25 Cool Dog Facts

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31 Fun Facts and Helpful Tips About Your New Dog

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There are hundreds of official dog breeds in the world and even more mixes and mutts than we can count. Each dog has his own unique set of characteristics and personality. But one thing is certain – these loveable and wonderful companions are fascinating creatures.

Check out some of these interesting and far-out facts about dogs.

1. Is it a duck…or a dog? The Newfoundland breed has a water resistant coat and webbed feet. This dog was bred to help haul nets for fishermen and rescuing people at risk of drowning.

2. It pays to be a lap dog. Three dogs (from First Class cabins!) survived the sinking of the Titanic – two Pomeranians and one Pekingese.
Source: Vetstreet

3. A Beatles hit. It’s rumored that, at the end of the Beatles song, “A Day in the Life,” Paul McCartney recorded an ultrasonic whistle, audible only to dogs, just for his Shetland sheepdog.
Source: PBS

4. Wow, check out those choppers! Puppies have 28 teeth and normal adult dogs have 42.
Source: About.com

5. Chase that tail! Dogs chase their tails for a variety of reasons: curiosity, exercise, anxiety, predatory instinct or, they might have fleas! If your dog is chasing his tail excessively, talk with your vet.

6. Seeing spots? Or not… Dalmatian puppies are pure white when they are born and develop their spots as they grow older.
Source: Vetstreet

7. Dogs do dream! Dogs and humans have the same type of slow wave sleep (SWS) and rapid eye movement (REM) and during this REM stage dogs can dream. The twitching and paw movements that occur during their sleep are signs that your pet is dreaming
Source: Healthy Pet

8. No night vision goggles needed! Dogs’ eyes contain a special membrane, called the tapetum lucidum, which allows them to see in the dark.
Source: Healthy Pet

9. Pitter patter. A large breed dog’s resting heart beats between 60 and 100 times per minute, and a small dog breed’s heart beats between 100-140. Comparatively, a resting human heart beats 60-100 times per minute.
Sources: About.com and Mayo Clinic

10. If your dog’s acting funny, get out the umbrella! According to a Petside.com/Associated Press poll, 72% of dog owners believe their dog can detect when stormy weather is on the way.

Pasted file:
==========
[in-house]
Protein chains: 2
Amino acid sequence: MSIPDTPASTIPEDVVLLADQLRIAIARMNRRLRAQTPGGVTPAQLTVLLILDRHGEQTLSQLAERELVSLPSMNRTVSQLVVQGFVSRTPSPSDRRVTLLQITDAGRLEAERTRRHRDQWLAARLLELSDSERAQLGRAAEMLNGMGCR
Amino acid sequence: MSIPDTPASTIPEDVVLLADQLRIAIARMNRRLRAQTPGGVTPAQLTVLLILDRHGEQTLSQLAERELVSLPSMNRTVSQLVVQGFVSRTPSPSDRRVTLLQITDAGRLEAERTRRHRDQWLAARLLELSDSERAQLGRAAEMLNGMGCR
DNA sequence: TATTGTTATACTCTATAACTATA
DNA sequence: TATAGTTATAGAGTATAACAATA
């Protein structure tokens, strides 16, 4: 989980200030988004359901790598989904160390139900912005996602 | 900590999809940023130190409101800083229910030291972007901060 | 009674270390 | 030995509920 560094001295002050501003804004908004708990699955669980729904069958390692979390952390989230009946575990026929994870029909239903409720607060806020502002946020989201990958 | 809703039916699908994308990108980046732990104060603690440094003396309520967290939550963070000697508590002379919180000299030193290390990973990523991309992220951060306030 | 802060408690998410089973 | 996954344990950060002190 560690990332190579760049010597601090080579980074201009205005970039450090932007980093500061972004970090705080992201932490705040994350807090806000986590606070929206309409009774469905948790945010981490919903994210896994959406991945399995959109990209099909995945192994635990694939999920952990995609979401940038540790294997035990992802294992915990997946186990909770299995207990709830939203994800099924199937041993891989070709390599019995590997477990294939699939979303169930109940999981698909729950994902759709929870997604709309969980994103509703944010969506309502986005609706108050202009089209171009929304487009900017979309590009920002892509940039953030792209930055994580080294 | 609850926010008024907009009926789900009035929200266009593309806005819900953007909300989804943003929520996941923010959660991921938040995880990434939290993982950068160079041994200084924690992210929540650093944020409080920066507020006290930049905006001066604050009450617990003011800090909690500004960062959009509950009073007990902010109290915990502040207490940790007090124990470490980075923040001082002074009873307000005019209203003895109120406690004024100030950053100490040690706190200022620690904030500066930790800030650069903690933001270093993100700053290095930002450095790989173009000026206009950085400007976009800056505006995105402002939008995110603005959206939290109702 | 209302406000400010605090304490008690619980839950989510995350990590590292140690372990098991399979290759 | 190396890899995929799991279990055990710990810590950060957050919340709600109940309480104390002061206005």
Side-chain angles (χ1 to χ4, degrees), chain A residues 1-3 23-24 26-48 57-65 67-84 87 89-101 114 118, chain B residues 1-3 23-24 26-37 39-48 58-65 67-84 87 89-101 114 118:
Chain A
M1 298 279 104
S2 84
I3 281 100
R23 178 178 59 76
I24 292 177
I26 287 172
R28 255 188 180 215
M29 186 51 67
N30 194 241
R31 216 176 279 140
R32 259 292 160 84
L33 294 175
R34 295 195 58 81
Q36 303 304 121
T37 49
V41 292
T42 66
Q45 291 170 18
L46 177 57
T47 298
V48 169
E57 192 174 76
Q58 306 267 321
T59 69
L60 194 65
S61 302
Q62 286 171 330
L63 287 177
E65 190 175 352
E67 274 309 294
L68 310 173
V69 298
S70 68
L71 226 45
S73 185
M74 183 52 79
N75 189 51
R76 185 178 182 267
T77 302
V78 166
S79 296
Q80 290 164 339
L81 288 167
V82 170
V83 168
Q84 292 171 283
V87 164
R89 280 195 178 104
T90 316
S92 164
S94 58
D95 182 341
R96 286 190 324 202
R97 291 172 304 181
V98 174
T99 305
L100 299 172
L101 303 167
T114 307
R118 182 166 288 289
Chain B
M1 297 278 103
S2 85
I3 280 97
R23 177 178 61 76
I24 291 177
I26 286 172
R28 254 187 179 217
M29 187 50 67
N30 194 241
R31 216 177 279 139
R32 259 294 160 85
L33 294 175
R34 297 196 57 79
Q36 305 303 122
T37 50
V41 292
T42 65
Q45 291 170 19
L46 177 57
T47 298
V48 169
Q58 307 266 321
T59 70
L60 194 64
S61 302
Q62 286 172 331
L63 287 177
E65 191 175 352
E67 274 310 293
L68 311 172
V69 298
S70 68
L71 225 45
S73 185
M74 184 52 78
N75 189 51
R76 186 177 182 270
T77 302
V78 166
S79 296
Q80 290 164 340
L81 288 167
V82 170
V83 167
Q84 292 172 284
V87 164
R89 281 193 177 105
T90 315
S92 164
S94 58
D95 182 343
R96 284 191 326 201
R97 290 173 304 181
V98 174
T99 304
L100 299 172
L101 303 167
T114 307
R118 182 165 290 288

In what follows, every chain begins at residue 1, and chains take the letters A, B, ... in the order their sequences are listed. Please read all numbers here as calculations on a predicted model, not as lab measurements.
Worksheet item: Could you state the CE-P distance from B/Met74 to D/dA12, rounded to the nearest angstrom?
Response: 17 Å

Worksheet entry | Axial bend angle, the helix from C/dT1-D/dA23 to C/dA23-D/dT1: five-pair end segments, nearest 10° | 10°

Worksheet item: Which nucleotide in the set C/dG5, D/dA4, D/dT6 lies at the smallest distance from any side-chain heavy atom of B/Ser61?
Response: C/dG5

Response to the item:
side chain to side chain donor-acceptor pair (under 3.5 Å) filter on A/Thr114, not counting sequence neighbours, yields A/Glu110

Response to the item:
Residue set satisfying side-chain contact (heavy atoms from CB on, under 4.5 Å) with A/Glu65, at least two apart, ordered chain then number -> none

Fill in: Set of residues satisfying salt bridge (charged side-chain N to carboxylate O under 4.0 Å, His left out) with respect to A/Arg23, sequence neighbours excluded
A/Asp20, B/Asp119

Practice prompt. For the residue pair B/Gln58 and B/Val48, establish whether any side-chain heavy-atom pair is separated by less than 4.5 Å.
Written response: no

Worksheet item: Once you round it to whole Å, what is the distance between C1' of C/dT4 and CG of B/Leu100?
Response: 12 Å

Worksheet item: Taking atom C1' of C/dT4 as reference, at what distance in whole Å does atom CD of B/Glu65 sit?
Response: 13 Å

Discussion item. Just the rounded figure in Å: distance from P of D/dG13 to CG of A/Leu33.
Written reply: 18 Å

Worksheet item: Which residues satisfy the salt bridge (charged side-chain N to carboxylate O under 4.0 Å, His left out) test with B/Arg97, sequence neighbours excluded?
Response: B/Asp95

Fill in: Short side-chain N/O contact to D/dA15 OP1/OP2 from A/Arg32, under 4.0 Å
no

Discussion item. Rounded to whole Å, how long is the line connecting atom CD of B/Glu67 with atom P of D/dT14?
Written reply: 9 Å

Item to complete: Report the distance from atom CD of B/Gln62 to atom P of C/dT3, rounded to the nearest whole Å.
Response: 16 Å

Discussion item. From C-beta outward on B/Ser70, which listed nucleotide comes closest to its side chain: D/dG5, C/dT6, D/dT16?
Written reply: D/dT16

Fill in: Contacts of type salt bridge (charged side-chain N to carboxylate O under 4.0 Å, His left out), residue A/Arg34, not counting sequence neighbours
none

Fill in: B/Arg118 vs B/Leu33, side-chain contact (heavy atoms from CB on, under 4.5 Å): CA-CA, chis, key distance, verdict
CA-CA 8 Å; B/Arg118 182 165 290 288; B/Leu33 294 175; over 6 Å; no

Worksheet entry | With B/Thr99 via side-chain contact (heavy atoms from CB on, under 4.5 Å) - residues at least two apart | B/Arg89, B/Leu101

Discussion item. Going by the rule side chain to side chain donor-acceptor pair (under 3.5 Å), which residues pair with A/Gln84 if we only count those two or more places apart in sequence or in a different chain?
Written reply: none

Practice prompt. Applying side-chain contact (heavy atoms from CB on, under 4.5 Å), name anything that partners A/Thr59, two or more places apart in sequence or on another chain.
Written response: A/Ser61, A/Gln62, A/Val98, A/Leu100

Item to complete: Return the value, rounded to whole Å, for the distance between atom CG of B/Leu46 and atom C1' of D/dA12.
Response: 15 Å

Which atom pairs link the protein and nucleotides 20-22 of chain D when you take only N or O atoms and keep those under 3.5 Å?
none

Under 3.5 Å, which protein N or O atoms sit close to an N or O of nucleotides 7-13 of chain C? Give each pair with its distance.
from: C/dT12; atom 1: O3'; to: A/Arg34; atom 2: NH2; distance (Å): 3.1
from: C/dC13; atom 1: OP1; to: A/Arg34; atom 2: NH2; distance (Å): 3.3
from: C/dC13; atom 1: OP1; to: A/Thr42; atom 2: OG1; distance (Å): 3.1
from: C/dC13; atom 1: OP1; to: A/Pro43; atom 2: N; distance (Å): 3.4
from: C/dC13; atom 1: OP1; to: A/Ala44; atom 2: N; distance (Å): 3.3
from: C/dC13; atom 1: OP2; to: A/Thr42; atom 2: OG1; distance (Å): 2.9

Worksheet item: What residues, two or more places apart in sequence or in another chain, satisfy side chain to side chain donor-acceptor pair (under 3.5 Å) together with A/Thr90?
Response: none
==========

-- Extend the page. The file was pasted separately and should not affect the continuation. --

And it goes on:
11. It’s not a fever…A dog’s normal temperature is between 101 and 102.5 degrees Fahrenheit. How much do you know about dog health? Take our Doggy First Aid Quiz!
Source: Web MD

12. Is something wet? Unlike humans who sweat everywhere, dogs only sweat through the pads of their feet.
Source: Healthy Pet

13. Here’s looking at you. Dogs have three eyelids, an upper lid, a lower lid and the third lid, called a nictitating membrane or “haw,” which helps keep the eye moist and protected.
Source: Whole Dog Journal

14. Americans love dogs! 62% of U.S. households own a pet, which equates to 72.9 million homes
Source: American Pet Products Association

15. Move over Rover! 45% of dogs sleep in their owner’s bed (we’re pretty sure a large percentage also hogs the blankets!)
Source: American Pet Products Association

16. Why are dogs’ noses so wet? Dogs’ noses secrete a thin layer of mucous that helps them absorb scent. They then lick their noses to sample the scent through their mouth.
Source: Vetstreet

17. Yummy! Dogs have about 1,700 taste buds. Humans have approximately 9,000 and cats have around 473.
Source: Psychology Today

18. Watch that plate of cookies! A Dog’s sense of smell is 10,000 – 100,000 times more acute as that of humans.
Source: PBS

19. It’s not so black and white. It’s a myth that dogs only see in black and white. In fact, it’s believed that dogs see primarily in blue, greenish-yellow, yellow and various shades of gray.
Source: About.com

20. Did you hear that? Sound frequency is measured in Hertz (Hz). The higher the Hertz, the higher-pitched the sound. Dogs hear best at 8,000 Hz, while humans hear best at around 2,000 Hz.
Source: Whole Dog Journal

21. Express yourself. Dogs’ ears are extremely expressive. It’s no wonder! There are more than a dozen separate muscles that control a dog’s ear movements.
Source: Whole Dog Journal

22. Growing up. While the Chow Chow dogs are well known for their distinctive blue-black tongues, they’re actually born with pink tongues. They turn blue-black at 8-10 weeks of age.
Source: Vetstreet

23. Why do they do that?
When dogs kick after going to the bathroom, they are using the scent glands on their paws to further mark their territory.
Source: Healthy Pet

24. No, it’s not just to make themselves look adorable. Dogs curl up in a ball when they sleep due to an age-old instinct to keep themselves warm and protect their abdomen and vital organs from predators.
Source: Vetstreet

25. Breathe easy. In addition to sweating through their paw pads, dogs pant to cool themselves off. A panting dog can take 300-400 breaths (compared to his regular 30-40) with very little effort.
Source: Vetstreet

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